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Boris Johnson's anti-fraud minister resigned over the government's 'lamentable track record' in tackling COVID-19 loan fraud

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Lord Agnew
Lord AgnewParliament Live / parliamentlive.tv
  • Anti-fraud minister Lord Agnew resigned from government over its failure to tackle fraud in COVID-19 loan schemes.

  • He said the government's attempts to claw back money from fraudsters had been 'woefully inadequate'.

  • It represents another blow to Prime Minister Boris Johnson's authority.

The UK's anti-fraud minister has dramatically resigned after criticising Boris Johnson's administration for failing to tackle fraud in a state-backed COVID-19 loan scheme which may cost the taxpayer more than £3 billion.

Lord Agnew, a minister for efficiency and transformation at the Cabinet Office and Treasury, announced his resignation in the House of Lords on Monday in response to an urgent question from Labour on the government's record on COVID-19 loan fraud.

He said he could not defend the government's track record on Covid loan schemes and called attempts to recover billions of pounds in fraudulent loans, which were distributed to UK firms during the coronavirus pandemic, "woefully inadequate."

Agnew said: "Given that I am the minister for counter-fraud, it feels somewhat dishonest to stay on in that role if I am incapable of doing it properly, let alone defending our track record. It is for this reason that I have sadly decided to tender my resignation as a minister across the Treasury and Cabinet Office with immediate effect."

The Treasury last week quietly announced it had written off more than £4.3 billion in loans from a total of £5.8 billion that firms claimed fraudulently from government-backed schemes during the coronavirus pandemic, The Times reported. The loans had been designed to keep businesses afloat during the pandemic.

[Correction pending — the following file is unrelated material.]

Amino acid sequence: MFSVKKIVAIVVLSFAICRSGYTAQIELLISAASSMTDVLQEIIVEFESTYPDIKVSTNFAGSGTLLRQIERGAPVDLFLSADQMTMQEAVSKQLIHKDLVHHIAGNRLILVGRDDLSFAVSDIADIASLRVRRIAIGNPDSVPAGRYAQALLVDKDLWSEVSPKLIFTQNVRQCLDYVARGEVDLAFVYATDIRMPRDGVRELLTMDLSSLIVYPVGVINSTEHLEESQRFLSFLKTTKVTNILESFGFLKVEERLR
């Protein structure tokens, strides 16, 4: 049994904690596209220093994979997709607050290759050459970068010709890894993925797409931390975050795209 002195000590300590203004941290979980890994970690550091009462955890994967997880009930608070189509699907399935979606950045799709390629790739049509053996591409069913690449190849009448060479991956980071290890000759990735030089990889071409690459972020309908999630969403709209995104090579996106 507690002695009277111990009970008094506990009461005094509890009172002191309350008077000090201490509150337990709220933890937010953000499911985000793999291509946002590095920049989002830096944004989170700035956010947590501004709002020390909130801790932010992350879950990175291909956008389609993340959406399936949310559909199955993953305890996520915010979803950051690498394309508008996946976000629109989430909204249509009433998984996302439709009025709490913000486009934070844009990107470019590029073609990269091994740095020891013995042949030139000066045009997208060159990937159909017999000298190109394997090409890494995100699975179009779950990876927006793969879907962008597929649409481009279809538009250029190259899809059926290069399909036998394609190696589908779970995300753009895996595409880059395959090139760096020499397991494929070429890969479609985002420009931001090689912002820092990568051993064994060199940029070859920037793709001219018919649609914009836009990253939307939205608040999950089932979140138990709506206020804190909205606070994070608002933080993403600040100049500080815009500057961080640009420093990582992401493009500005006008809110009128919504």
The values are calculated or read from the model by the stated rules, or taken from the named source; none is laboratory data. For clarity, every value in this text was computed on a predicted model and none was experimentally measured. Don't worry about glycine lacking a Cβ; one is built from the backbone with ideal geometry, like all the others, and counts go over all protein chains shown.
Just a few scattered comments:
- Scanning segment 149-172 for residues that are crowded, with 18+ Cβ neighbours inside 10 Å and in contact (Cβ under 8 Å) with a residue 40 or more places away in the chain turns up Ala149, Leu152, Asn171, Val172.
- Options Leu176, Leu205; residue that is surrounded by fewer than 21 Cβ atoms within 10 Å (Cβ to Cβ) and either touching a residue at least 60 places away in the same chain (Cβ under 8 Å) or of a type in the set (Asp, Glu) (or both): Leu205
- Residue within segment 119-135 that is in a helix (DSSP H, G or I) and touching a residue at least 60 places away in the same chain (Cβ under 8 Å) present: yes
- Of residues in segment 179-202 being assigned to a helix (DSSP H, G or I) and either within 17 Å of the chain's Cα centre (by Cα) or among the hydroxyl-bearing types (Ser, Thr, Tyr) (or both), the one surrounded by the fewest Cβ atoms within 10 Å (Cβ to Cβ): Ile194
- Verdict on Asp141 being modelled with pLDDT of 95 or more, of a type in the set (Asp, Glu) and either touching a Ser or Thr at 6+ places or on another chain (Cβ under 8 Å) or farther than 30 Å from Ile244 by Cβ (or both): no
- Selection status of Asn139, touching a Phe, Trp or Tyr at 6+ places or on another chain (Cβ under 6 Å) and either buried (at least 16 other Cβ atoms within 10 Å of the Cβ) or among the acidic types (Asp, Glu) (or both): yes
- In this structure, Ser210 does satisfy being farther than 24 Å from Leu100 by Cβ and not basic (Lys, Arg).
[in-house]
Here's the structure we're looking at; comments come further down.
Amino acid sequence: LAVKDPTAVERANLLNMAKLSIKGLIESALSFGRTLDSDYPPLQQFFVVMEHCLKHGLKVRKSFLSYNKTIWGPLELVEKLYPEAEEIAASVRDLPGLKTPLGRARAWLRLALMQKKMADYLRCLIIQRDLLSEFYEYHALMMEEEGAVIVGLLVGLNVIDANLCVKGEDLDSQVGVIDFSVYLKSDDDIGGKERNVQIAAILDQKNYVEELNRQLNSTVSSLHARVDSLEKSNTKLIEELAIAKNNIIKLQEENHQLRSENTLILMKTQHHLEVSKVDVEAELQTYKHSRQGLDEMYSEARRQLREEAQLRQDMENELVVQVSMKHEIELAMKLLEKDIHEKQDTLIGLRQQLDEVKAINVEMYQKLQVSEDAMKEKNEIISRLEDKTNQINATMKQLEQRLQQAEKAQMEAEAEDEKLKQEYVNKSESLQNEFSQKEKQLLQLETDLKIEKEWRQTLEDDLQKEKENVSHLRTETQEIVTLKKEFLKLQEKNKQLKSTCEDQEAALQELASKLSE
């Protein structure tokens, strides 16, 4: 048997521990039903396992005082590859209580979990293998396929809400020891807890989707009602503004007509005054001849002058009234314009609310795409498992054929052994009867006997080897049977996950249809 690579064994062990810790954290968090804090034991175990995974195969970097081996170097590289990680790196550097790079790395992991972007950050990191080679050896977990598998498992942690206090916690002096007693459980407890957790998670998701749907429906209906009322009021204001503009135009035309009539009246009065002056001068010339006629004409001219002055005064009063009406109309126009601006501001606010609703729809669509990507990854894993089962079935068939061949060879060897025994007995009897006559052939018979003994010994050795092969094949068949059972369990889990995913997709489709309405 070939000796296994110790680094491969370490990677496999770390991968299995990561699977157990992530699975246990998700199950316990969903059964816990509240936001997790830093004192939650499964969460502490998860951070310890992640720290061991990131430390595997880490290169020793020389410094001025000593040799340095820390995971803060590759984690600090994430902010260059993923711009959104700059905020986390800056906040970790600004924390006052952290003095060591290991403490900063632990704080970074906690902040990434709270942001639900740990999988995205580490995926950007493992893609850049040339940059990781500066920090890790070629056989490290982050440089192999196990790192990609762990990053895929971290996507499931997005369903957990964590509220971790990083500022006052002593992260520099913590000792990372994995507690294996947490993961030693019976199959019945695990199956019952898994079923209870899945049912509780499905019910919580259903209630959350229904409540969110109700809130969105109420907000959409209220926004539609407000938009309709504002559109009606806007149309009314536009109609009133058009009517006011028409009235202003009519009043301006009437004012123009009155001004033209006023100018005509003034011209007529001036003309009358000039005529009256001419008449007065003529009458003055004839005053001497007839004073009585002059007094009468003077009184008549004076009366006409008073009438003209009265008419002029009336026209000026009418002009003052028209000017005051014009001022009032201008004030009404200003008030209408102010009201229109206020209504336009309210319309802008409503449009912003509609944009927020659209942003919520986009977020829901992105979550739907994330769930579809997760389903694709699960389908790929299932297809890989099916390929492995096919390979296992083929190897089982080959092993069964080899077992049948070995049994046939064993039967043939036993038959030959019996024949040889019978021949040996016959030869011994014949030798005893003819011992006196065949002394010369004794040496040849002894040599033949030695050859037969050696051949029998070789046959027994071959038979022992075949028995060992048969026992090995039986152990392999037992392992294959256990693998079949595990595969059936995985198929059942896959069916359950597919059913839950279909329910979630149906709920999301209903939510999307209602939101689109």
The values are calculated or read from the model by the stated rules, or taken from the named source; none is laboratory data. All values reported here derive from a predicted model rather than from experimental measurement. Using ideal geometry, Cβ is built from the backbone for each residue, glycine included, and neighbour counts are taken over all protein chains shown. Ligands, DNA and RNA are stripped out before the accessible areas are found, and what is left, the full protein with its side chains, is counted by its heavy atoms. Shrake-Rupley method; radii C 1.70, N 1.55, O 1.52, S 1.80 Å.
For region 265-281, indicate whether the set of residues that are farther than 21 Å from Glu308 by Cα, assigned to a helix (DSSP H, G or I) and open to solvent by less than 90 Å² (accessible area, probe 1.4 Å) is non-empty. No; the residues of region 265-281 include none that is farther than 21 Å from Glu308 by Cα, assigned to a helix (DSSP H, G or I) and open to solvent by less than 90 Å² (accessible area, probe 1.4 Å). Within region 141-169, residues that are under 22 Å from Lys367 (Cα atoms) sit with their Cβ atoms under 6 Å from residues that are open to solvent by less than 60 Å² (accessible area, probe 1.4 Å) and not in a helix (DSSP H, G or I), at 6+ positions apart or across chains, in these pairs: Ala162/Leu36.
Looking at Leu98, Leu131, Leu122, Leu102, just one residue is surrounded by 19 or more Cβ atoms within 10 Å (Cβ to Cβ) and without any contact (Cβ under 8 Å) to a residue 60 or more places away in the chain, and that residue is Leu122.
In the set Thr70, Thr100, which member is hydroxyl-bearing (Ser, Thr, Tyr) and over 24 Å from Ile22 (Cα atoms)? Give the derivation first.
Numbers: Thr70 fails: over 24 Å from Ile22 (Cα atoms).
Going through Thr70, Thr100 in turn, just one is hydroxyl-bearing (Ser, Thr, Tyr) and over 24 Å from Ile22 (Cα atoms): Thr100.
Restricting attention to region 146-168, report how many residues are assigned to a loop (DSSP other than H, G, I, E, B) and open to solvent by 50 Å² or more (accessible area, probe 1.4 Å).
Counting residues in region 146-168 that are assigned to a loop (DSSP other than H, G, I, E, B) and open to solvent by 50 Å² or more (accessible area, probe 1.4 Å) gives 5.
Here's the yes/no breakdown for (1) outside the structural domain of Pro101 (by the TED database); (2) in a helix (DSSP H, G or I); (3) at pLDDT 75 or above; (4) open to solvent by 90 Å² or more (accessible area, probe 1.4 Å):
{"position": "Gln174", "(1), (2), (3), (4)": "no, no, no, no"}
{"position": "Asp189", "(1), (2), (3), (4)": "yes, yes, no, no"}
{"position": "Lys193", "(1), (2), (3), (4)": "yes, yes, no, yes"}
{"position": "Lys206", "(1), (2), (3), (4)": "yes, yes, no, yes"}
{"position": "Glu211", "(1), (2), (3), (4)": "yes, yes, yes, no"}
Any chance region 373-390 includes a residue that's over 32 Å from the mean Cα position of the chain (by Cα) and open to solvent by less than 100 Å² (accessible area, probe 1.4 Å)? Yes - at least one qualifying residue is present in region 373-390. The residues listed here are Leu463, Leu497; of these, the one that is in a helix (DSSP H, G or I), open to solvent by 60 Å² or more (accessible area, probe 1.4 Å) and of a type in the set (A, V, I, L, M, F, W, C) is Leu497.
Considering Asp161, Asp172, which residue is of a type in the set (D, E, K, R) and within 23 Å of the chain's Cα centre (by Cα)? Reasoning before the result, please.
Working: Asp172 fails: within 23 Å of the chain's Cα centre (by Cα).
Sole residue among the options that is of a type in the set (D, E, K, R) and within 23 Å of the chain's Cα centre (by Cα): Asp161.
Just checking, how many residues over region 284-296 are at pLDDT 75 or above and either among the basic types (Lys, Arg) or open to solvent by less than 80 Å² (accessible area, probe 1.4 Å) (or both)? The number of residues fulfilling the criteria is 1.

Lord Agnew said that the government — which backed loans given to thousands of businesses — had already handed banks more than £1 billion to cover loans which had been defaulted on.

Nearly a quarter of that sum was a result of fraud, he said.

The peer criticized the Treasury and the Business, Energy, and Industrial Strategy Department (BEIS) in particular, accusing officials of making "schoolboy errors."

"I've been arguing with Treasury and BEIS officials for nearly two years to get them to lift their game: I have been mostly unsuccessful," he said.

A Downing Street spokesperson said: "We are grateful to Lord Agnew for his significant contribution he has made to government."

Shadow Chancellor Rachel Reeves said: "This is a damning indictment of the Chancellor and the Government's failures on fraud.

"That the Government's own anti-fraud minister feels he is unable to defend the Government's record on billions of pounds of taxpayer cash gifted to criminals tells you all you need to know about the incompetence of this government.

"It should be a source of enduring shame to the Chancellor that he has so casually written off £4.3bn of taxpayers' money that is now in the hand of criminals and gangs."

Read the original article on Business Insider

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